Can We Talk Frankly about Anal Glands?

dog tail


Dogs and cats have anal glands (sacs) located under the skin on either side of the rectum in the 5 and 7 o’clock position. These small glands secrete a foul smelling fluid into the anal area via small ducts. In most cases glands empty naturally due to pressure from each bowel movement. Check out our video about anal glands!

 

What is the function of these glands?

There is some debate on the true function of anal glands in dogs and cats. One theory is that they serve as territory markers, and even relay information about sex and age. Another theory is that the anal gland secretion acts as a lubricant for hard stools so they pass more easily. Some people believe the glands are vestigial and have no real function as domesticated dogs and cats lack the ability to empty the glands on their own volition.

 

Do anal glands cause problems for dogs and cats?

Sometimes the anal glands do not empty normally. The reasons are varied but narrow ducts, obesity, chronic soft stools and allergies all may play a role. Small breed dogs have a greater incidence of problems than do large dog breeds and cats. When the anal glands do not empty normally the secretions becomes thicker. This in turn makes it mare difficult for the anal gland secretions to pass normally through the small ducts (tubes) into the anus. The end result can be impaction, and if impaction occurs the anal gland may burst resulting in an abscess (infection) under the skin.

 

How would I know if my dog or cat is having an anal gland problem?

When the anal glands fail to empty properly an uncomfortable or itchy sensation occurs. In dogs this can lead to licking at the anal area or scooting their rear end on the floor which may be an attempt to empty the glands or to relieve itching. If an abscess develops you may see a swelling or draining in the perianal area.  In cats with impacted anal glands they sometimes become reluctant to use the litter box as they associate it with discomfort while defecating.

Continue reading “Can We Talk Frankly about Anal Glands?”

The fireworks are coming..

Now your dog doesn’t have to be scared of the Fourth of July.

 

The Fourth of July can be the scariest day of the year for your dog. But we’re offering a new way of treatment to help your dog remain calm during July 4th fireworks.

We’re prescribing the first and only FDA-approved treatment for canine noise aversion caused by events such as fireworks, thunder, construction noise and traffic noise. It calms without sedating—so your dog can interact and enjoy time with your family.

 

Call and ask us about treating your dog’s noise aversion with Sileo®.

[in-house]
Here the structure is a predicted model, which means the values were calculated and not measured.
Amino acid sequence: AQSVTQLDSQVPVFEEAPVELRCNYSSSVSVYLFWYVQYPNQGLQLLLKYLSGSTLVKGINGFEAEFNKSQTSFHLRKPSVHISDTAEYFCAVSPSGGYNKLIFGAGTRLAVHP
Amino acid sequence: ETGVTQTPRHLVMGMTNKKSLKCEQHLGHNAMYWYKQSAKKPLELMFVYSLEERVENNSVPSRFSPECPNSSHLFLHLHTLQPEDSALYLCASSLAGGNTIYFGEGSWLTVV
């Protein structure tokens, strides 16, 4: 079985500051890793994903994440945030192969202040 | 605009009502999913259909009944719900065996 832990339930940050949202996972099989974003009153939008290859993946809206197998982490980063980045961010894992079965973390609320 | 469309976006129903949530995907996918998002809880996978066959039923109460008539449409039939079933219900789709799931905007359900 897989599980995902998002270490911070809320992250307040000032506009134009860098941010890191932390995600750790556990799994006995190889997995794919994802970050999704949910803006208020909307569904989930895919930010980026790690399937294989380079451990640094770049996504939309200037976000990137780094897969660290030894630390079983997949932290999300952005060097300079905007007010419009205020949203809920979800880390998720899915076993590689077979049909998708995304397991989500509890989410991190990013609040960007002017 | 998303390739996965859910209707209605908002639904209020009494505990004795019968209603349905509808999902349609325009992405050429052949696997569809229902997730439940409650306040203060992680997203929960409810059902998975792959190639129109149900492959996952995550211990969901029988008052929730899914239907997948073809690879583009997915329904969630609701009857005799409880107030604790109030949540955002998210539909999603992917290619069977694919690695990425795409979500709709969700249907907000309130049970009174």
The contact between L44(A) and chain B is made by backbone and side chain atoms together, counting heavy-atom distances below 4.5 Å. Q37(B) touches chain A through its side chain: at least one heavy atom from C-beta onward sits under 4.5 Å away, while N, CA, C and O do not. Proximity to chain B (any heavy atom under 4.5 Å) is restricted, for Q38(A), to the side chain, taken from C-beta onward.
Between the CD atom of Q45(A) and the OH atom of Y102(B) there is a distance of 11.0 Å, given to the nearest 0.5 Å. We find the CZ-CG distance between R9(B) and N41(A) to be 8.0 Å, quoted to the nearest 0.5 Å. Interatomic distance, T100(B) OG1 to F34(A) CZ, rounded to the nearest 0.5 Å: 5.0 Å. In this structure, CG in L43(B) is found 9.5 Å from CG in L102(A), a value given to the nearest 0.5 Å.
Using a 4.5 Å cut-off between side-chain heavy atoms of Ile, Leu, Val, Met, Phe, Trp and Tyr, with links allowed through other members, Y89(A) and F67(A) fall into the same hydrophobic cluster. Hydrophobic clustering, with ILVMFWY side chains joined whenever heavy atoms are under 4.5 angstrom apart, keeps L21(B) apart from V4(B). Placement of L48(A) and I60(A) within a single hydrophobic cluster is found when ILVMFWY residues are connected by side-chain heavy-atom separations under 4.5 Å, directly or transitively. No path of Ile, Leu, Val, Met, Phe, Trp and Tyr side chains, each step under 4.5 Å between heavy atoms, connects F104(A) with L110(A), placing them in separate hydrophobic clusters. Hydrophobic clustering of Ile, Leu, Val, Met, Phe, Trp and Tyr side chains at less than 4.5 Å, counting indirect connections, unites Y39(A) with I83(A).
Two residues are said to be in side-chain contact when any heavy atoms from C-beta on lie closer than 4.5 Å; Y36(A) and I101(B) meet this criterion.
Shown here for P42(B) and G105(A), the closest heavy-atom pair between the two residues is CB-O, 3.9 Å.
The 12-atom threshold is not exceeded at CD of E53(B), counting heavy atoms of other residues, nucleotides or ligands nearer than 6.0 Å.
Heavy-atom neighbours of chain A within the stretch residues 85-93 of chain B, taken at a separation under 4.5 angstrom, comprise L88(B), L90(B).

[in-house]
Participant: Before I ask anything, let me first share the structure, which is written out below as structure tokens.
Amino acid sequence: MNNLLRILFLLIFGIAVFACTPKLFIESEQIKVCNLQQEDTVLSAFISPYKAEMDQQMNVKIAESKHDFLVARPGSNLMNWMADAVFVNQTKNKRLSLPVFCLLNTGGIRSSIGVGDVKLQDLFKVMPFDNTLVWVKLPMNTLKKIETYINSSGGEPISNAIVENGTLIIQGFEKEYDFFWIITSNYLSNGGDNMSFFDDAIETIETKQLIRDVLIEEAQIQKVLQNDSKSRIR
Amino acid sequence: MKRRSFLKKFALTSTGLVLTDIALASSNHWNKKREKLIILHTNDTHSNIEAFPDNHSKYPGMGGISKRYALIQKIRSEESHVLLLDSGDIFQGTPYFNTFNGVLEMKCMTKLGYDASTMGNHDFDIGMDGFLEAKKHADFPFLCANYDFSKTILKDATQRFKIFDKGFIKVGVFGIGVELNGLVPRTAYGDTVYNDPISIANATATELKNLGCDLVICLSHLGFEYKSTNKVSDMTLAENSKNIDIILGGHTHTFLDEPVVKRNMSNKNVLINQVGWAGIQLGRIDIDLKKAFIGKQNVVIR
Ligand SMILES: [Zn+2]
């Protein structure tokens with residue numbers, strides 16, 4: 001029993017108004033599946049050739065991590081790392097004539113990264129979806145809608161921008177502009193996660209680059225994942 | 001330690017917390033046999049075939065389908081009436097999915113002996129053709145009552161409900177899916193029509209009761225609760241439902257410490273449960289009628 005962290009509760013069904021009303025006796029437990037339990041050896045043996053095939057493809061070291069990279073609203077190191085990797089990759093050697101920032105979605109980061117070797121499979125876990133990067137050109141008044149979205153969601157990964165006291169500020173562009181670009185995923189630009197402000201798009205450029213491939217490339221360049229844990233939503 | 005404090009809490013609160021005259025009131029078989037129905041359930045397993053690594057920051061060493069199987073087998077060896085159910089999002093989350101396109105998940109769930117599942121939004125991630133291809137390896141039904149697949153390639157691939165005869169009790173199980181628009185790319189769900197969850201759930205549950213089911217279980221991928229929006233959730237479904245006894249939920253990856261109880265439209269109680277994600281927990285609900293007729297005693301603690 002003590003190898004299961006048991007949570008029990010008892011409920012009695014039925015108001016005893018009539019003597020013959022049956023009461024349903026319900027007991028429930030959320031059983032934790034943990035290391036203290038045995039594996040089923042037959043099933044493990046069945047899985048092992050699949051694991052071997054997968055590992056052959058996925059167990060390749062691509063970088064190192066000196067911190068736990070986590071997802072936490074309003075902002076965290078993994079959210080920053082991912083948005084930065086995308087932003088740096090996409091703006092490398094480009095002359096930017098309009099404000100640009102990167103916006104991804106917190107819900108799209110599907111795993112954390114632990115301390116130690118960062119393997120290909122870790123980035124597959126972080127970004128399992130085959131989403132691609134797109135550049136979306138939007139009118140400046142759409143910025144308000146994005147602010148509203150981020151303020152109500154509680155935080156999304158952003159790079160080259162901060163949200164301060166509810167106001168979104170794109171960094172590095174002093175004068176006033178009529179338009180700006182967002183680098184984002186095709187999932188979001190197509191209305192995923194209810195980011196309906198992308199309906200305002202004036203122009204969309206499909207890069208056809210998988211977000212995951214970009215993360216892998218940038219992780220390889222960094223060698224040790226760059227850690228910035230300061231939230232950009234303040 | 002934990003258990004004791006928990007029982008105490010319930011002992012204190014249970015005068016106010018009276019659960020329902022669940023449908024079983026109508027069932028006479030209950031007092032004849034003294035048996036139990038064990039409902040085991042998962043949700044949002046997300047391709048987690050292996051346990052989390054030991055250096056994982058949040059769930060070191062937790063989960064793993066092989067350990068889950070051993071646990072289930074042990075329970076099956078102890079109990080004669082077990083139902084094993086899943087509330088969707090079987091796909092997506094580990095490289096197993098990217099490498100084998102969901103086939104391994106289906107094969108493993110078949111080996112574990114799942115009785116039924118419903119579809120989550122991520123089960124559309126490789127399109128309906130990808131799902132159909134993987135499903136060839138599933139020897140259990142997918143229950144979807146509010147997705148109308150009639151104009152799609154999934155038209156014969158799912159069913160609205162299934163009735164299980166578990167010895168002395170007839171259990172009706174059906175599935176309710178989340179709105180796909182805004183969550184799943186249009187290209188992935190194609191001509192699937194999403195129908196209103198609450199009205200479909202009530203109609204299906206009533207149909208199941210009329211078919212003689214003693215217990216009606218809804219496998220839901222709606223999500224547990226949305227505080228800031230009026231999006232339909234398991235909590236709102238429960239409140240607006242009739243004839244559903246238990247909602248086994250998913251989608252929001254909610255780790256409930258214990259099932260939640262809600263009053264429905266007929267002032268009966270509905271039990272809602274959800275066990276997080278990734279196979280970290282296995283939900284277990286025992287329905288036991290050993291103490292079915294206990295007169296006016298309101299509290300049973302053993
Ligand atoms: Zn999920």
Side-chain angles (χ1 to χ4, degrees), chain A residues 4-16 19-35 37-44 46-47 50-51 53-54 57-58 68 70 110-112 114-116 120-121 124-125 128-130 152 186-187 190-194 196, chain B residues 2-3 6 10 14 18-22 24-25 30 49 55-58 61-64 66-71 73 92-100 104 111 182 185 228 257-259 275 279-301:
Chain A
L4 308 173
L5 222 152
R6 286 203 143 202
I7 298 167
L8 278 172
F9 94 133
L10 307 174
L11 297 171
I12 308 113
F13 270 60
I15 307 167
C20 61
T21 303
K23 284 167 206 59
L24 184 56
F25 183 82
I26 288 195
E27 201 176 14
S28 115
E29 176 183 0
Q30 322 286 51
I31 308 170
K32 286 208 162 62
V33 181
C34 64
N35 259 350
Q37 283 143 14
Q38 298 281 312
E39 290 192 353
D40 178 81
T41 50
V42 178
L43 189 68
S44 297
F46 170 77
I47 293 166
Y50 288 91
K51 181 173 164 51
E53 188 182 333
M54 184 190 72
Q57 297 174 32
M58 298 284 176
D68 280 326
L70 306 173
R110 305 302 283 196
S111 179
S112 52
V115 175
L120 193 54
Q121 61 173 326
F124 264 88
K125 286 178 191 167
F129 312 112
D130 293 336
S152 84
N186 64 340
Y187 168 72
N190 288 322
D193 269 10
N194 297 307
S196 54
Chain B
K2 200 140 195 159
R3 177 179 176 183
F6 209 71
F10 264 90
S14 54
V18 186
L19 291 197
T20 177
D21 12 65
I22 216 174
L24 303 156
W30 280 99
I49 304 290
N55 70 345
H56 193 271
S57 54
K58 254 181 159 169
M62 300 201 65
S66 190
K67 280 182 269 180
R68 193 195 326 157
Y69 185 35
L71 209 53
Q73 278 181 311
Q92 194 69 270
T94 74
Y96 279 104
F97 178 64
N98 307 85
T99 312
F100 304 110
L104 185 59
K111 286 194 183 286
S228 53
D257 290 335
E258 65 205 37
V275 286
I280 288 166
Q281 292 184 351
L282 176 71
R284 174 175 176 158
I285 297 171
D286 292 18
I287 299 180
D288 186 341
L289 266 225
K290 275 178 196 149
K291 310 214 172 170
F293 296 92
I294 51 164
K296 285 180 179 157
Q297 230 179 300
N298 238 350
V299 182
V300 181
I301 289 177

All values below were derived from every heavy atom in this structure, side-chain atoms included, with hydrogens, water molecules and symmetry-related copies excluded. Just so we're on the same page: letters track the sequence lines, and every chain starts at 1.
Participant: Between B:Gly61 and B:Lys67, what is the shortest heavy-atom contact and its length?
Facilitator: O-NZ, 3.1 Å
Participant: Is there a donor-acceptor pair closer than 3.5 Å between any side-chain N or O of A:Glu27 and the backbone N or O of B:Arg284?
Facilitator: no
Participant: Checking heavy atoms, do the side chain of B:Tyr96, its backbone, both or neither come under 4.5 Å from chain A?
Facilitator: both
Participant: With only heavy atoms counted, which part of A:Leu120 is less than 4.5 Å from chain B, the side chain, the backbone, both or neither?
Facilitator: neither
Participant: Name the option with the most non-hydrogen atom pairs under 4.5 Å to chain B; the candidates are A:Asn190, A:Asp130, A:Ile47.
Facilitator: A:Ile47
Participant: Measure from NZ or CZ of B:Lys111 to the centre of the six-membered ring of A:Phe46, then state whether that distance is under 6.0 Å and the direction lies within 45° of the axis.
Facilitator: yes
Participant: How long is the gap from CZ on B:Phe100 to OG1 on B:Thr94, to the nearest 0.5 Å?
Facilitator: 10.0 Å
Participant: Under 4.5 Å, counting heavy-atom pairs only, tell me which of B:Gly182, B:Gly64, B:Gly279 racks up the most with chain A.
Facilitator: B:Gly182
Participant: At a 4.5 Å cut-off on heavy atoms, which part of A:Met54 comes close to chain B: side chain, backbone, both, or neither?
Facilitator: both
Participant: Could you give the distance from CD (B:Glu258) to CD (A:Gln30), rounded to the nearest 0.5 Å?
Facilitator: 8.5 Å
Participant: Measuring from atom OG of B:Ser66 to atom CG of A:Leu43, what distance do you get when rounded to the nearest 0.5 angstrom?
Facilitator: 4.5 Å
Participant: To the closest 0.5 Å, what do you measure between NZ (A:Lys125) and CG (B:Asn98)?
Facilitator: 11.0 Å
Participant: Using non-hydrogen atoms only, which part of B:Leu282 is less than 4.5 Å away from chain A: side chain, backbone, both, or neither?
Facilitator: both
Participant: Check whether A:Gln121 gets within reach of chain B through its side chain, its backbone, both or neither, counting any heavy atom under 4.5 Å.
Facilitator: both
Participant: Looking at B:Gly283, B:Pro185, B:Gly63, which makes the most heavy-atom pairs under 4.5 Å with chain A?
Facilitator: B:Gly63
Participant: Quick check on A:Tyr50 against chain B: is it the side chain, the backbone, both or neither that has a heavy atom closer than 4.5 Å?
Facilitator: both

For more information visit their website.

 

Protect Your Kitties From Lilies

Did you know lilies can be dangerous to cats?

As Easter and Mother’s Day holidays approach, it is important to prevent exposure to common lilies as they can be poisonous and fatal to cats.

Easter Lily
Easter Lily (Lilium longiflorum)
Stargazer lily
Stargazer lily (Lilium ‘Stargazer’-a hybrid)
Tiger lily
Tiger lily (Lilium tigrinum or lancifolium)

The most dangerous and potentially fatal lilies for cats are those in the genus Lilium and Hemerocallis. These are very popular often found in cut-flower bouquets or potted sold during the Easter holiday. It is critical to not bring these flowers in your home if you have cats. Ingesting petals, leaves, pollen or even drinking the water from the vase can be poisonous. Below is a list of common lilies which link to the Pet Poison Helpline for more information.

What happens if my cat ingests a lily?

Continue reading “Protect Your Kitties From Lilies”

An Update on the Canine Influenza

You may have heard about outbreaks of “dog flu” affecting pets across the country. This highly contagious and, for some dogs, potentially serious respiratory infection is caused by canine influenza virus (CIV) H3N2 or H3N8. Chances are, if your dog is exposed to CIV, he or she may become infected. Dogs that are frequently in contact with other dogs may be at high risk of infection with CIV H3N2 or H3N8. This includes dogs that are boarded, enrolled in day care, often visit the local dog park, or even have contact with dogs while visiting the veterinary clinic. If you have a puppy, elderly or pregnant dog or a dog that is immunocompromised, you should take extra precautions. The good news is that our office now has a vaccine known as Vanguard® CIV H3N2/H3N8 which is available to help prevent disease associated with both types of CIV to provide maximum protection.
Please call our office to discuss your dog’s risk for CIV. This is particularly important if you plan to board your dog in the near future or regularly send him or her to a grooming or daycare facility. We’ll answer all your questions about dog flu and help you decide whether vaccination is right for your pet. You can also visit Dogflufacts.com for more information.

Frequently Asked Questions

What is dog flu?

  • Dog flu is a contagious respiratory disease. It is caused by two specific Type A canine influenza viruses (CIVs): H3N2 and H3N8.

I’ve been hearing a lot about a new strain of dog flu. What does that mean? Continue reading “An Update on the Canine Influenza”